You don't move all that quickly, either. If anything, you tromp along, pausing every time you take a shot and taking forever to load a new clip or pump another round through the shotgun. At least each of the three main weapon types can be upgraded as you play. Max out the upgrade bar, and you get a weapon drop that turns your plain-Jane shotgun into a powerful sawed-off variant, your wimpy pistol into a Dirty Harry-style cannon, and so forth. Regardless of the boosted weapons, the overall feel is reminiscent of Resident Evil, which leads to some serious annoyance given the number of enemies. You're best off taking your time and using the right mouse button to line up headshots or target other vulnerable places on monsters (some come equipped with Gwar-style helmets and chain mail). Find a safe indoor spot to camp, which gets you away from most of the chronostone-initiated weather assaults, and then ignore both the chronostones and the healthstones unless they spawn in right on top of you, and sit back to take potshots until you get to the number of kills needed to survive the stage. This slows enemy assaults and gets dull, but running around crazily tends to lead to being overwhelmed and slaughtered.
Most of your enemies are zombie-like freaks who just charge you mindlessly.
As much as The Haunted: Hell's Reach looks like a run-and-gun shooter, it's more of a slower-paced hybrid that forces you to ditch the guns for brawling charges and roundhouse kicks. Oddly, melee doesn't get good until you drop to 10 health, when a rage mechanic fires up and you can turn enemies into a thick red goo with a single boot. This can be very satisfying, because you can feel the impact of your attacks, and the demon blood flies so thickly that it pretty much covers the entire screen. You also regain a little bit of health with each melee kill, making it possible to plunge into huge crowds of foes and emerge a tad healthier than when you waded in. Still, the way this works is counterintuitive. The combination of insta-kills and health regeneration makes the game considerably easier to play when you're near death than when you're rolling along with health maxed out, so at times it's not a bad idea to let yourself take damage so you can freak out and play Rambo.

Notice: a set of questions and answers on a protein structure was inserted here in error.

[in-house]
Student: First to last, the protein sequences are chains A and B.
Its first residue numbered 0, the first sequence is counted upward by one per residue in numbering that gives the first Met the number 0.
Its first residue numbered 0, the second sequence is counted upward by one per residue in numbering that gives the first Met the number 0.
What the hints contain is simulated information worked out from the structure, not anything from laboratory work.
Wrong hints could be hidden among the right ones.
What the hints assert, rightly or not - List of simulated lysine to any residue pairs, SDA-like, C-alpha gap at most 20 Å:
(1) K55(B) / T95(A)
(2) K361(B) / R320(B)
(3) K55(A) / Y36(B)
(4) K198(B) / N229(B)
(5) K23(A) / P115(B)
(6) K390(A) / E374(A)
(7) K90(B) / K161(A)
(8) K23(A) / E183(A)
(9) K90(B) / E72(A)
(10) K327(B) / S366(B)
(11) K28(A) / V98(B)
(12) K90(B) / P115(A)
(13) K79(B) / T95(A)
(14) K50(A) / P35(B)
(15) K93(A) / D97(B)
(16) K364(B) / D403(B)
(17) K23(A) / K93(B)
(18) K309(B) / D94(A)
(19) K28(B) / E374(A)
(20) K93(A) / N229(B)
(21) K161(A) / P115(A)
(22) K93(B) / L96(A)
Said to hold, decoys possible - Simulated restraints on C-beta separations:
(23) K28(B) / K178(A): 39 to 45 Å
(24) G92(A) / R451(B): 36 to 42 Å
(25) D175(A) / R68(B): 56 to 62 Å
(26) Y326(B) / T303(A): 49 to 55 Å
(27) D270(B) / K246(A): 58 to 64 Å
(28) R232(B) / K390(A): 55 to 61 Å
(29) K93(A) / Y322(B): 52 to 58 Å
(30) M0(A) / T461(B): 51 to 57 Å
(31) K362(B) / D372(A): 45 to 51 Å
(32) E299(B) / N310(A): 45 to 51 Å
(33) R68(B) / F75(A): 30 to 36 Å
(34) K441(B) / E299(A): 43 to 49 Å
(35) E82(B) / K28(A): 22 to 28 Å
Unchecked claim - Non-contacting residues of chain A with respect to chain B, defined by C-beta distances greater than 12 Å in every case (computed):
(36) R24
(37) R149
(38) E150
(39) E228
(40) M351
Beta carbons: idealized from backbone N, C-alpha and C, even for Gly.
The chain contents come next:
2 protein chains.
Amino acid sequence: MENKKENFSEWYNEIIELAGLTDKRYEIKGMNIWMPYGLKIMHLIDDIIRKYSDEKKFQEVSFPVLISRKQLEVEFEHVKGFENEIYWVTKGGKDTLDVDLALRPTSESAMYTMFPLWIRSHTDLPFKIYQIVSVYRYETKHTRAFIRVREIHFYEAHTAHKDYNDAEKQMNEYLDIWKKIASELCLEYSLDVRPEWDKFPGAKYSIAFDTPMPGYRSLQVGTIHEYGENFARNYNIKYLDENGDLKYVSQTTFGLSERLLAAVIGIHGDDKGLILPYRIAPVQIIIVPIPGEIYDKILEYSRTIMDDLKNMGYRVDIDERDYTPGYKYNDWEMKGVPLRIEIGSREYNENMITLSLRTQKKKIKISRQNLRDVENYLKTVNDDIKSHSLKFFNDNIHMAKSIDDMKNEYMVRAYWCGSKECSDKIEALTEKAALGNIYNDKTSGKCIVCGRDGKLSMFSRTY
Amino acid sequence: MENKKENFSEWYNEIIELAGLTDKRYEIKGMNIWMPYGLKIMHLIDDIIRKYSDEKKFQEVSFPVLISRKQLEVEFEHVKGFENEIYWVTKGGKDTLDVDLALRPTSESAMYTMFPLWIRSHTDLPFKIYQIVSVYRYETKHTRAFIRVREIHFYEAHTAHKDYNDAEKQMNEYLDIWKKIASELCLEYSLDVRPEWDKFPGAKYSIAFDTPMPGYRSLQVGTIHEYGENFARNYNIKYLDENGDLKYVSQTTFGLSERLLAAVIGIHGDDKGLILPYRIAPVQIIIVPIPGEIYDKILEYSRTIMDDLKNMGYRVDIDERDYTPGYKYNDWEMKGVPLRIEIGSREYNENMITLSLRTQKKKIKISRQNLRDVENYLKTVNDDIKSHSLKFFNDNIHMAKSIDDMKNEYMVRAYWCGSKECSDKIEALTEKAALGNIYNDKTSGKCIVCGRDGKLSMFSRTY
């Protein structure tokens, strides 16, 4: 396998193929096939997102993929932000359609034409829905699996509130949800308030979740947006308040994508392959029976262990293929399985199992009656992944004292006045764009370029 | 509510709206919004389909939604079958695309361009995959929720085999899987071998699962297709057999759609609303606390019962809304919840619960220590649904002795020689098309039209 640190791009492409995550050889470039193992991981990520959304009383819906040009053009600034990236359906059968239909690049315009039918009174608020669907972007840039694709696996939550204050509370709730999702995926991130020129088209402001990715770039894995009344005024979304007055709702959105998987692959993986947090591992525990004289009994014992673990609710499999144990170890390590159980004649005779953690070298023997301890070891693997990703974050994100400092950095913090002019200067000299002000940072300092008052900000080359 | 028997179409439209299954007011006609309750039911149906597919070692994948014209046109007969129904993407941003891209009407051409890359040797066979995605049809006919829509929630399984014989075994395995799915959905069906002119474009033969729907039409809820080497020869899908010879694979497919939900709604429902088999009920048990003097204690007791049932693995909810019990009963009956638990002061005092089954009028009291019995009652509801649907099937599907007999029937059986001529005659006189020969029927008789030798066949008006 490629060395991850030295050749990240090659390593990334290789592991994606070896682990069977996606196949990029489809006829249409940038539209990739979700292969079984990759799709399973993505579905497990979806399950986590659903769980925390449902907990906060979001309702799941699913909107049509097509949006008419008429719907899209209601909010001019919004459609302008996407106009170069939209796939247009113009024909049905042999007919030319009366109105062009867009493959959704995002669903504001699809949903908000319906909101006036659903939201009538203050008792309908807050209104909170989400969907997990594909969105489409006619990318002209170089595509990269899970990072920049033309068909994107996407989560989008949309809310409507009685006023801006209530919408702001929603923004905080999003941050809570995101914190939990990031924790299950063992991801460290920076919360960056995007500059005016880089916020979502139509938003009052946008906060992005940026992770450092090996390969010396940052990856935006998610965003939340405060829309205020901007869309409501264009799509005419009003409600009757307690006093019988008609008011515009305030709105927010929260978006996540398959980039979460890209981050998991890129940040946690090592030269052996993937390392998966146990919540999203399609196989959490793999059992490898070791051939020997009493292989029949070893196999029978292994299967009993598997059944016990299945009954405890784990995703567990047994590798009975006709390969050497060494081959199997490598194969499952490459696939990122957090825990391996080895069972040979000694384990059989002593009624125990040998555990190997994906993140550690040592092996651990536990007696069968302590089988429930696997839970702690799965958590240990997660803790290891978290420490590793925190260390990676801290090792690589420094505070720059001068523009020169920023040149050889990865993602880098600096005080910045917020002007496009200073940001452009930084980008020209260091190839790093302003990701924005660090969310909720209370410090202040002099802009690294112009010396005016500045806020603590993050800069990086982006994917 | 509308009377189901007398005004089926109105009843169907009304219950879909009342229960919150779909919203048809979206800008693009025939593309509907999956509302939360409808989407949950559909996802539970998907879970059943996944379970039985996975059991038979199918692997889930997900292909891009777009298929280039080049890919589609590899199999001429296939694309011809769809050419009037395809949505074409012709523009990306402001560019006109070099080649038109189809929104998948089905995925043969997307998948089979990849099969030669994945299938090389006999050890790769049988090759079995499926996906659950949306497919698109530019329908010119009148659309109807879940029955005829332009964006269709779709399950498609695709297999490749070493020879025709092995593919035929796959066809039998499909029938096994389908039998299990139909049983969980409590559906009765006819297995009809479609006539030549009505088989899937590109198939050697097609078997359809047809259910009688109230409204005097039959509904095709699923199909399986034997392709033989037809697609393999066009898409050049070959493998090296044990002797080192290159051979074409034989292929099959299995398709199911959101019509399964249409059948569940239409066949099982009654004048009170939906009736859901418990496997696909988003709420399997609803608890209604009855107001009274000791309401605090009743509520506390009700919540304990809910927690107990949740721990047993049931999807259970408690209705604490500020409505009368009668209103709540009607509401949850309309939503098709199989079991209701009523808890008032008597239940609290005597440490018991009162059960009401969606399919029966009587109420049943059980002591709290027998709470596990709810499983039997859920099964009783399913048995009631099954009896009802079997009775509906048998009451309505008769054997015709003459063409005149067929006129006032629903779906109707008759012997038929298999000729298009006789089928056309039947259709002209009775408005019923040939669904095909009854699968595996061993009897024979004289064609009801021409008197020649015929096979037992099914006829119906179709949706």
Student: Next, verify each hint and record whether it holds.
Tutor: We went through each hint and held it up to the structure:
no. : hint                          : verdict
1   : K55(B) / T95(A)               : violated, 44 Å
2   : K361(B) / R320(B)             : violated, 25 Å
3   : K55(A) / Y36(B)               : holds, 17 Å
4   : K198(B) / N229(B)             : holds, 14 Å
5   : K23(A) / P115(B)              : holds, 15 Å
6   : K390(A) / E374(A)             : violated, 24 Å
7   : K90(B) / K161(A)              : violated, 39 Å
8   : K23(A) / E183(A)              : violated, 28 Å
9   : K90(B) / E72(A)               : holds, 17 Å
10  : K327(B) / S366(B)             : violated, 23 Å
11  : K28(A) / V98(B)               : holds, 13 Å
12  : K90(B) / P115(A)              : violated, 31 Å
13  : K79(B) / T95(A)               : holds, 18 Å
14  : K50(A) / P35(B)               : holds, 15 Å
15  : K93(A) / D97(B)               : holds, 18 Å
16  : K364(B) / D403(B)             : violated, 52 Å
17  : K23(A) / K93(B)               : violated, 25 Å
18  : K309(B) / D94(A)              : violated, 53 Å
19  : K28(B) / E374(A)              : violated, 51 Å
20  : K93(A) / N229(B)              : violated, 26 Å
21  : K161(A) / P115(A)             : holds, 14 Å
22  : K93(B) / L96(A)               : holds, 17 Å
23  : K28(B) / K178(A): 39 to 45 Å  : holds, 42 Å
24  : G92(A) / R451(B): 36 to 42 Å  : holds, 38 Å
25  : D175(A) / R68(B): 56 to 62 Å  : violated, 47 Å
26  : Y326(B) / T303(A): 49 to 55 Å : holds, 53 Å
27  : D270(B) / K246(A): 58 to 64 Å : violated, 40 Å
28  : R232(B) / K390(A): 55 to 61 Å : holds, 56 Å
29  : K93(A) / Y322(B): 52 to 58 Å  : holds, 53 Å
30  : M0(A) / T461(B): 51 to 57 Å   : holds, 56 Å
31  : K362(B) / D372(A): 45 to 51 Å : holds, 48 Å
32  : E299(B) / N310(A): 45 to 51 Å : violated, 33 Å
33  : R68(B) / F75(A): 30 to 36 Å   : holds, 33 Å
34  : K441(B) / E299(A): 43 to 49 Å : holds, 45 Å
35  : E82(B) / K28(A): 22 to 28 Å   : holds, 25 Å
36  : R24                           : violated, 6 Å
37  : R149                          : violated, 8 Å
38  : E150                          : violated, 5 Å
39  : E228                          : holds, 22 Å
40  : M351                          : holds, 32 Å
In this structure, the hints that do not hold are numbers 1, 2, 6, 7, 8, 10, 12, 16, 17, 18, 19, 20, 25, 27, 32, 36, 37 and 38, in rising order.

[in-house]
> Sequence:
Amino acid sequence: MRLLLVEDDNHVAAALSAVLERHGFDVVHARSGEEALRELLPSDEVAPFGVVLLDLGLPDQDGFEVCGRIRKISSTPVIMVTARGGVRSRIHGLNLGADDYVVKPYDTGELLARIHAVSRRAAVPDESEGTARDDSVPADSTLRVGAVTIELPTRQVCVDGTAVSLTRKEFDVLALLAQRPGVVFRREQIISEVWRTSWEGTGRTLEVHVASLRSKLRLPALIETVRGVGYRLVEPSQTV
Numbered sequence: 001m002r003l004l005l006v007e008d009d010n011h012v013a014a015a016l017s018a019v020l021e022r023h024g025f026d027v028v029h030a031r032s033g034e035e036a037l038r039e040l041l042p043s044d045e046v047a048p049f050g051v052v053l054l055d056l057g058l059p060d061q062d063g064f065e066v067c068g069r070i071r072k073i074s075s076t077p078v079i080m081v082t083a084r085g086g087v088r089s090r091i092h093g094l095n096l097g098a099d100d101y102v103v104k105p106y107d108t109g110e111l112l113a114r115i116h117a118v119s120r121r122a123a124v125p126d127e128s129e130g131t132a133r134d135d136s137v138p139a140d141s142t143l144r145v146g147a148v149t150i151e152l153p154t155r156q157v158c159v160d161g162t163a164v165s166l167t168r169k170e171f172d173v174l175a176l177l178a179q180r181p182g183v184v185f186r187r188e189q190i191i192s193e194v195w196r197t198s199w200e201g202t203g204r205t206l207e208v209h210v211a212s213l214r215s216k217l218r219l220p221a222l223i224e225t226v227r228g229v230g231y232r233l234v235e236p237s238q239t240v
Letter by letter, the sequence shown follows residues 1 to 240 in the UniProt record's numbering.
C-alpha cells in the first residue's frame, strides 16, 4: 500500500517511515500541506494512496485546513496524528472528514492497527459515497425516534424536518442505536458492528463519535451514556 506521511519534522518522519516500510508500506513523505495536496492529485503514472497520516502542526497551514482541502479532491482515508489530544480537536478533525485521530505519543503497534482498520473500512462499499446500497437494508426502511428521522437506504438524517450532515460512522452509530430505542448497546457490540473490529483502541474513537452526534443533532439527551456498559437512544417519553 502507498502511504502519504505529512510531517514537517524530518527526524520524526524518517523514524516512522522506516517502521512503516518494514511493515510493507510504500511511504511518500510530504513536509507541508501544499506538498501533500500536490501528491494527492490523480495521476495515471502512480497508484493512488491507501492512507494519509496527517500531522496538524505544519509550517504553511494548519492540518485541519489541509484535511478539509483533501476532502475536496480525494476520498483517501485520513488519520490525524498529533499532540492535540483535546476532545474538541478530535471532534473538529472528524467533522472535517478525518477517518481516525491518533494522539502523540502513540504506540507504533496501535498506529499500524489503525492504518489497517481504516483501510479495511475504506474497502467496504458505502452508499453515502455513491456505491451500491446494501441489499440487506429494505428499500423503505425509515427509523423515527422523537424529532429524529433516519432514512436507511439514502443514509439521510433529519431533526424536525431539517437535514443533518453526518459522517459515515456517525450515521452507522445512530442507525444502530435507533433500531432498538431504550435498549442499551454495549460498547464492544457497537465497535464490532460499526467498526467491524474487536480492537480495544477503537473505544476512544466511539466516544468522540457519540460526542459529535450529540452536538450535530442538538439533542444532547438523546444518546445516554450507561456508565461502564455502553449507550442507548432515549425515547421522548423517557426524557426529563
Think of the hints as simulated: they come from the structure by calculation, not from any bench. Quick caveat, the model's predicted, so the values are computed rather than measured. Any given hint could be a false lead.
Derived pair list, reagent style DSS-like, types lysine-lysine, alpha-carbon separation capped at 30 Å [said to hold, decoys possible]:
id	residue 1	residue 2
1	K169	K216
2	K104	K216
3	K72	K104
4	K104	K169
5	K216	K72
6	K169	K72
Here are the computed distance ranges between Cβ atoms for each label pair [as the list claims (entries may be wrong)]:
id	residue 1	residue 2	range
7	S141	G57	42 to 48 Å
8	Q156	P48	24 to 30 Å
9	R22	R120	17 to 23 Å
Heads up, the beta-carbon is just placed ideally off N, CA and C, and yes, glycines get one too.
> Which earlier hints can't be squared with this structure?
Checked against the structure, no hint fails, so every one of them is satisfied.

Multiplayer is packed with other irritants. Although the game has clearly been designed to be played online, there are enough serious problems that it can be a lot more enjoyable to play solo. Enter a match midway through a round, and you have to sit and wait for it to end before getting involved as anything more than a spectator. Because there is no way to tell how long a game has been in progress from the server screen, you can easily enter one that has just started and have to wait around for several minutes before you can start playing. So players tend to pop in and out of games. Spawning is another issue. You don't revive automatically every time you get killed; instead, your soul gets sucked into a soulstone that randomly appears somewhere on the map. The only way you can get back into the match is if one of your allies redeems your soul by blasting the thing to bits. Of course, your pals tend to be too busy saving their own skins to pull off immediate rescue missions. And just like with the other two stones in the game, if you don't quickly gun down the soulstone, a minion grabs it and takes off. Get killed just once in a map, which is essentially unavoidable due to the difficulty, and you have to wait a few minutes or more before being allowed to get back into the action.
Looks like this guy just tried to beat the fourth wave.
What might be most frustrating about The Haunted: Hell's Reach is that it could clearly be a lot of fun if some of the game options were dialed back to make the difficulty more palatable. A lot of the appeal of the game's blending of ranged and melee combat is lost because of the steep learning curve and peculiar design choices. The game is so unforgiving and loaded with off-putting features, such as the multiplayer spawn issues, that it seems likely to scare off a lot of its potential fans, which seems to be happening already given the sparse number of players online during launch week. Hopefully the developers will listen to feedback and make changes, because the game does have potential if given a little more time on the drawing board.